In just seconds, a spark or even the sun's heat alone sets off an inferno. The wildfire quickly spreads, consuming the thick, dried-out vegetation and almost everything else in its path. What was once a forest becomes a virtual powder keg of untapped fuel. In a seemingly instantaneous burst, the wildfire overtakes thousands of acres of surrounding land, threatening the homes and lives of many in the vicinity.
An average of 5 million acres burns every year in the United States, causing millions of dollars in damage. Once a fire begins, it can spread at a rate of up to 14.29 miles per hour (23 kph), consuming everything in its path. As a fire spreads over brush and trees, it may take on a life of its own -- finding ways to keep itself alive, even spawning smaller fires by throwing embers miles away. In this article, we will look at wildfires, exploring how they are born, live and die.
On a hot summer day, when drought conditions peak, something as small as a spark from a train car's wheel striking the track can ignite a raging wildfire. Sometimes, fires occur naturally, ignited by heat from the sun or a lightning strike. However, the majority of wildfires are the result of human carelessness.
Common causes for wildfires include:
- Discarding lit cigarettes
- Improperly burning debris
- Playing with matches or fireworks
- Prescribed fires
Everything has a temperature at which it will burst into flames. This temperature is called a material's flash point. Wood's flash point is 572 degrees Fahrenheit (300 C). When wood is heated to this temperature, it releases hydrocarbon gases that mix with oxygen in the air, combust and create fire.
There are three components needed for ignition and combustion to occur. A fire requires fuel to burn, air to supply oxygen, and a heat source to bring the fuel up to ignition temperature. Heat, oxygen and fuel form the fire triangle. Firefighters often talk about the fire triangle when they are trying to put out a blaze. The idea is that if they can take away any one of the pillars of the triangle, they can control and ultimately extinguish the fire.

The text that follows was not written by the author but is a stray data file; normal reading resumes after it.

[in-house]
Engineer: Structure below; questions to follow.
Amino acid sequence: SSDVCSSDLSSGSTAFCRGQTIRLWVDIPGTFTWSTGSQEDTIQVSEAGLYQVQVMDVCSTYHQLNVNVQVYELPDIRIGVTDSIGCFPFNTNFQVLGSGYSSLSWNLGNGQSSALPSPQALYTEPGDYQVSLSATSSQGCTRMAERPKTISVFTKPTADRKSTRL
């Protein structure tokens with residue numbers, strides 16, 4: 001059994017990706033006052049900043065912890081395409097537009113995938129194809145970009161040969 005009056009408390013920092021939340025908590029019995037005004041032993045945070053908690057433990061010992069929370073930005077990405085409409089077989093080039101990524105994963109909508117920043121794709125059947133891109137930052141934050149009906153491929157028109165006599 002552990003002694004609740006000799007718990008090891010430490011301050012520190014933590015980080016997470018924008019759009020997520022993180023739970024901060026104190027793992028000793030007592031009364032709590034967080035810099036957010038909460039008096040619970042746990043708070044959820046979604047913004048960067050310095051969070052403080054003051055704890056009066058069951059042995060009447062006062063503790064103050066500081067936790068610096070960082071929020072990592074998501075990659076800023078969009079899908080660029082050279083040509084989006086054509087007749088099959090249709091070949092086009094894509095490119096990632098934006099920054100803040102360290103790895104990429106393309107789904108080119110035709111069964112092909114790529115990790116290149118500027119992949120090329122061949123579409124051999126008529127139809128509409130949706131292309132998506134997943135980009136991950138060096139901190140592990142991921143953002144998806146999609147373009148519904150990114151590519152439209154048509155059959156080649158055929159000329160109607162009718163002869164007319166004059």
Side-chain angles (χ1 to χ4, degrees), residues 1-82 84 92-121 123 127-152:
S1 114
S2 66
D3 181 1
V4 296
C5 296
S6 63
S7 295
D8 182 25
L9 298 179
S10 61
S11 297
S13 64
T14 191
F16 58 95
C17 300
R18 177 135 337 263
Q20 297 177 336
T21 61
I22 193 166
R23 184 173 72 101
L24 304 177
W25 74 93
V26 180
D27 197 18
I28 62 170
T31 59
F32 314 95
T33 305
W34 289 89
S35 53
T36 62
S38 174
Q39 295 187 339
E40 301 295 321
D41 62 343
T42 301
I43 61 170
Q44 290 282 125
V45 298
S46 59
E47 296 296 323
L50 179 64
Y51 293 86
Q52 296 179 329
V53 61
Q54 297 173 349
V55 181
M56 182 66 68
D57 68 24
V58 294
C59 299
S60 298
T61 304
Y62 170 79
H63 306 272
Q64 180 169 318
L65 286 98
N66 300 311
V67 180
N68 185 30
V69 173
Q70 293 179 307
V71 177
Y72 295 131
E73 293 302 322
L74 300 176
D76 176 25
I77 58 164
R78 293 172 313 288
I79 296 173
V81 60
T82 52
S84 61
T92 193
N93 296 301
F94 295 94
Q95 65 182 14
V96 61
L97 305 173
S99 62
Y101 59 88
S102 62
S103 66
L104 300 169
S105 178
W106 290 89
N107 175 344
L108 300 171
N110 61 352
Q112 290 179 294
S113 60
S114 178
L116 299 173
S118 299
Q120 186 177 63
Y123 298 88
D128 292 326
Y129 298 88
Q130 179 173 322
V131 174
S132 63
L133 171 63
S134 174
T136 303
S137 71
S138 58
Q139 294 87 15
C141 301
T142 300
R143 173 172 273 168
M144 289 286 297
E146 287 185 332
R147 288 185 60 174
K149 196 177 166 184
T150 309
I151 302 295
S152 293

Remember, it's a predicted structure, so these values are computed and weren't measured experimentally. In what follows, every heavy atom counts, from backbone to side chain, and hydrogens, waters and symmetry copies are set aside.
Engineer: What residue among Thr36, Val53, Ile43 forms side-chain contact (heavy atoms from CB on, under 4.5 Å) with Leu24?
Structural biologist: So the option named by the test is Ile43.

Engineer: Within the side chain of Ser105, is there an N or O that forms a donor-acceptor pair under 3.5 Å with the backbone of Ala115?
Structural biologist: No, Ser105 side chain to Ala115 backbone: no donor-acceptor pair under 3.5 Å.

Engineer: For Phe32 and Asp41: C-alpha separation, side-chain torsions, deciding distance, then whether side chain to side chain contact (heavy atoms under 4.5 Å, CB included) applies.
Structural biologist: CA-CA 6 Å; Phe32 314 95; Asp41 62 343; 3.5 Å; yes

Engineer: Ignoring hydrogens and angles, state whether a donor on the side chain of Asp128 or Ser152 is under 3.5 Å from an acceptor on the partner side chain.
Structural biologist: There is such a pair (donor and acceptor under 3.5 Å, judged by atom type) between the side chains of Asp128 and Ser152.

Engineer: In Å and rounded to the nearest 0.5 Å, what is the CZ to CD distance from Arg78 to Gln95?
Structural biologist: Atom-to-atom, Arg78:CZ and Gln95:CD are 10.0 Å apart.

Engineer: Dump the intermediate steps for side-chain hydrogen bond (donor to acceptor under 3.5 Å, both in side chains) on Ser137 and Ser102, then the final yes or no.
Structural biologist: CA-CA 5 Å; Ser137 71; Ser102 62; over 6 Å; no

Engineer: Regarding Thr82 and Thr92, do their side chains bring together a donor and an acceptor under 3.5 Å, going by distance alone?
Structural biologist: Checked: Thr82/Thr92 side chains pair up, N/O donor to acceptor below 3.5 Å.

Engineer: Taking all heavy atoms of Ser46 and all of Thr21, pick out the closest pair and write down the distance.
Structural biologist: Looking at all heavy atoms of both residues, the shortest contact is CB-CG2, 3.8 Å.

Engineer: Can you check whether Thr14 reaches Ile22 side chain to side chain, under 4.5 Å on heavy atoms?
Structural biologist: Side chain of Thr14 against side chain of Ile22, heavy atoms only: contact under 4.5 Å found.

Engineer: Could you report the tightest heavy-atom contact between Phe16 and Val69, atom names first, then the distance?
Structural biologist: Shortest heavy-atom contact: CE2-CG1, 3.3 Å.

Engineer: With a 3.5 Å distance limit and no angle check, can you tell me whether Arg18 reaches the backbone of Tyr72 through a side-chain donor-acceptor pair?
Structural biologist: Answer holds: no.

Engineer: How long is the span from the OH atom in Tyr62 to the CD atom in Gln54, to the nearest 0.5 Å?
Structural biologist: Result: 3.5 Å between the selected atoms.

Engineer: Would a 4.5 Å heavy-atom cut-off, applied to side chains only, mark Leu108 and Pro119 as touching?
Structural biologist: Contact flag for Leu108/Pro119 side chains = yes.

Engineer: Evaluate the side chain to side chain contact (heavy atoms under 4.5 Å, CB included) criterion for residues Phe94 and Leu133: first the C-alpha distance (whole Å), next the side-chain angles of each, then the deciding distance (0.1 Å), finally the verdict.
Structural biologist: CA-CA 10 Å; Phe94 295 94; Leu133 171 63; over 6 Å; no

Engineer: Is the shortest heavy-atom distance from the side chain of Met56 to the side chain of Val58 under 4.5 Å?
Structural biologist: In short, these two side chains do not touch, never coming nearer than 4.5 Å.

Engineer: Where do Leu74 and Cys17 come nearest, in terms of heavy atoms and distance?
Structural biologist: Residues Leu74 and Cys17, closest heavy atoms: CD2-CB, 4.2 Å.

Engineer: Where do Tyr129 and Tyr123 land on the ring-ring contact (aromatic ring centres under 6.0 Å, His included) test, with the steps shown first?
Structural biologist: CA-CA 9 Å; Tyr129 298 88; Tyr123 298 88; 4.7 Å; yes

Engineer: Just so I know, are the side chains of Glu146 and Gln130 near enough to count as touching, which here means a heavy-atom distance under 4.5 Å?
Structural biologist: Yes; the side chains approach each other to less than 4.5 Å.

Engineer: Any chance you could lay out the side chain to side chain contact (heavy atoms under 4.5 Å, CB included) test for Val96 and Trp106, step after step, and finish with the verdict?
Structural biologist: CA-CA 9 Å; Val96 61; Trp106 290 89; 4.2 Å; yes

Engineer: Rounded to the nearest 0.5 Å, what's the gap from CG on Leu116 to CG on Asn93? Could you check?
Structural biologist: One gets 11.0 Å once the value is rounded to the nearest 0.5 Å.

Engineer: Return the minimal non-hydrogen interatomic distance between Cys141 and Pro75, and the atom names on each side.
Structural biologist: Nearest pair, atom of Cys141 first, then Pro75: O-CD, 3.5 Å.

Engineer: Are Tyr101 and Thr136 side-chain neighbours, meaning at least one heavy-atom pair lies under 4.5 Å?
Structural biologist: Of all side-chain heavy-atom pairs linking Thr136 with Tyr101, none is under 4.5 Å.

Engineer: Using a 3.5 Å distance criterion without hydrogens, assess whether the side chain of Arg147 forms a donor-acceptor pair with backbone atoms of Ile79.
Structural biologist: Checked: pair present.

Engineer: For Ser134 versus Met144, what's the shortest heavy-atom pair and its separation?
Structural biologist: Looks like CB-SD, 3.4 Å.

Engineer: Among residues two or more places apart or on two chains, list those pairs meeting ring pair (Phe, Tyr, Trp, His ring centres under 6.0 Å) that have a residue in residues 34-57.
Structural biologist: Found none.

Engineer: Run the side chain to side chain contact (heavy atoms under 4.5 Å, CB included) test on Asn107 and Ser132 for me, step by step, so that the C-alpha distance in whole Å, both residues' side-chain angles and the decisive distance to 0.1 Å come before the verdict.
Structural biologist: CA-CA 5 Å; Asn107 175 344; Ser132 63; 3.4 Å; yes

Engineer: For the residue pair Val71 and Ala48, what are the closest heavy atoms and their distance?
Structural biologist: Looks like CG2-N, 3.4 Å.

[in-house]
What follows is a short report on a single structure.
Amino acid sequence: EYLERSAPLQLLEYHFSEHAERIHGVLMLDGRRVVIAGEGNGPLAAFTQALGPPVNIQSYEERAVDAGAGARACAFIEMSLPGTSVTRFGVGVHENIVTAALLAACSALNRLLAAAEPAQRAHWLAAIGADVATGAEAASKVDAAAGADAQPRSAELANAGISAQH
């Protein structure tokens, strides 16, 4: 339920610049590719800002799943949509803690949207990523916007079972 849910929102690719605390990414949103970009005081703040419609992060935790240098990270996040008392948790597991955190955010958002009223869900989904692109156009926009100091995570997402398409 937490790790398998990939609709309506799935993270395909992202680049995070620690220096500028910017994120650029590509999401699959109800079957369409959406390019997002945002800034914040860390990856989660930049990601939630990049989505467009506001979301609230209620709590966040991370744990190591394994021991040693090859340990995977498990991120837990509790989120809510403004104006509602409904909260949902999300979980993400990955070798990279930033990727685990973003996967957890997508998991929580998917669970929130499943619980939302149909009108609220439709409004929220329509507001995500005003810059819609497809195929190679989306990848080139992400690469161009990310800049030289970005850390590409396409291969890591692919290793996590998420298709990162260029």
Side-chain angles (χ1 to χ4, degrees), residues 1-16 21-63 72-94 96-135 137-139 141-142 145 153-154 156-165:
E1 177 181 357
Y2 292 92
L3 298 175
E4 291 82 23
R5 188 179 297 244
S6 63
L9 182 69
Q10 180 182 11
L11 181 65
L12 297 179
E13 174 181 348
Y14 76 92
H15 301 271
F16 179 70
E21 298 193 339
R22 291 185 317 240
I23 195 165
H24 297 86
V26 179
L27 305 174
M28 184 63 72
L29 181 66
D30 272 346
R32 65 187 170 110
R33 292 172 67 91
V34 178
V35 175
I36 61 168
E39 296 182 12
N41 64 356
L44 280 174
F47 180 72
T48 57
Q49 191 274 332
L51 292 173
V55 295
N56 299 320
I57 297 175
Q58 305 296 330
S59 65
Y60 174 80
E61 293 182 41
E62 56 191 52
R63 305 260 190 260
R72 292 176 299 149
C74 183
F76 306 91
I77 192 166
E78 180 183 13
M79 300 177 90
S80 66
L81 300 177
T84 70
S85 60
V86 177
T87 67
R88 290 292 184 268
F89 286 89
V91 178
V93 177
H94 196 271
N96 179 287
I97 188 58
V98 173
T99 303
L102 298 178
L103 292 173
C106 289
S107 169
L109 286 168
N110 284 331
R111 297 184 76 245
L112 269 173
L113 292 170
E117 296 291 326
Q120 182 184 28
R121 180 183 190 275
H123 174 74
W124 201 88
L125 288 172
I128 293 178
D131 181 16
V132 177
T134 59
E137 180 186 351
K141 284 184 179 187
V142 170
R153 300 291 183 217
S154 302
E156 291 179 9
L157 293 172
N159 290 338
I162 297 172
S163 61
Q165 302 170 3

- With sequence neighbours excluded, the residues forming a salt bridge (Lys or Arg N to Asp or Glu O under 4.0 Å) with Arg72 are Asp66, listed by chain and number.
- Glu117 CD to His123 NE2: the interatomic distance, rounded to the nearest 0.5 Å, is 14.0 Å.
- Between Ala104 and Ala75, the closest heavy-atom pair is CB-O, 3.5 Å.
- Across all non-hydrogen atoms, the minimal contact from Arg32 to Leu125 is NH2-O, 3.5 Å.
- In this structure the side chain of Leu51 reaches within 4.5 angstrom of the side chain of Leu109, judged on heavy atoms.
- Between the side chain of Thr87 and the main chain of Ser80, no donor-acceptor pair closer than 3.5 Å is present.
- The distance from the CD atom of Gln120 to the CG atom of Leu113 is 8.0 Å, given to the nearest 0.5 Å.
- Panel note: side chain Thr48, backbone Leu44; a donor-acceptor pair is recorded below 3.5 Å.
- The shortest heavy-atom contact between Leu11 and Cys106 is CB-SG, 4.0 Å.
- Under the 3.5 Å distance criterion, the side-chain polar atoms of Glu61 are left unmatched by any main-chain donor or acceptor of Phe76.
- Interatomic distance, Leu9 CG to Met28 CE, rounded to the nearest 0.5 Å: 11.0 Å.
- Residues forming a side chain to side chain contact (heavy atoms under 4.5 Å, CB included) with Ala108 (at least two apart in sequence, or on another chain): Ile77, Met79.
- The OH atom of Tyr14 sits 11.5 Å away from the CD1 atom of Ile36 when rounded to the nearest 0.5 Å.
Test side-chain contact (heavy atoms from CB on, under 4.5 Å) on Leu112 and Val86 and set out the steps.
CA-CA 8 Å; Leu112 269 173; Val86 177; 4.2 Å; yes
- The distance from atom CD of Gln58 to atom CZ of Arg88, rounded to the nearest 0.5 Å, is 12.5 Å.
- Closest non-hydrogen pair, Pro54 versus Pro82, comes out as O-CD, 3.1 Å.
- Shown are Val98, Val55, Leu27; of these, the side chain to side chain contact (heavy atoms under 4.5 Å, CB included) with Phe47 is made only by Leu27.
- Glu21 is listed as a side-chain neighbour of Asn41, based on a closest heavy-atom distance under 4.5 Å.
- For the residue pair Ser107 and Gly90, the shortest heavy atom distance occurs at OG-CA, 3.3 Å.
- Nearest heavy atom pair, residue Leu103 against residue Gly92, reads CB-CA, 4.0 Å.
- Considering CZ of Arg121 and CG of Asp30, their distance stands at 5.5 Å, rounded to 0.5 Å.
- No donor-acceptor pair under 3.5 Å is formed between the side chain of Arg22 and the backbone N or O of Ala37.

After combustion occurs and a fire begins to burn, there are several factors that determine how the fire spreads. These three factors include fuel, weather and topography. Depending on these factors, a fire can quickly fizzle or turn into a raging blaze that scorches thousands of acres.
Wildfires spread based on the type and quantity of fuel that surrounds it. Fuel can include everything from trees, underbrush and dry grassy fields to homes. The amount of flammable material that surrounds a fire is referred to as the fuel load. Fuel load is measured by the amount of available fuel per unit area, usually tons per acre.
A small fuel load will cause a fire to burn and spread slowly, with a low intensity. If there is a lot of fuel, the fire will burn more intensely, causing it to spread faster. The faster it heats up the material around it, the faster those materials can ignite. The dryness of the fuel can also affect the behavior of the fire. When the fuel is very dry, it is consumed much faster and creates a fire that is much more difficult to contain.
Here are the basic fuel characteristics that decide how it affects a fire:
- Size and shape
- Moisture content
Small fuel materials, also called flashy fuels, such as dry grass, pine needles, dry leaves, twigs and other dead brush, burn faster than large logs or stumps (this is why you start a fire with kindling rather than logs). On a chemical level, different fuel materials take longer to ignite than others. But in a wildfire, where most of the fuel is made of the same sort of material, the main variable in ignition time is the ratio of the fuel's total surface area to its volume. Since a twig's surface area is not much larger than its volume, it ignites quickly. By comparison, a tree's surface area is much smaller than its volume, so it needs more time to heat up before it ignites.
As the fire progresses, it dries out the material just beyond it -- heat and smoke approaching potential fuel causes the fuel's moisture to evaporate. This makes the fuel easier to ignite when the fire finally reaches it. Fuels that are somewhat spaced out will also dry out faster than fuels that are packed tightly together, because more oxygen is available to the thinned-out fuel. More tightly-packed fuels also retain more moisture, which absorbs the fire's heat.
Weather's Role in Wildfires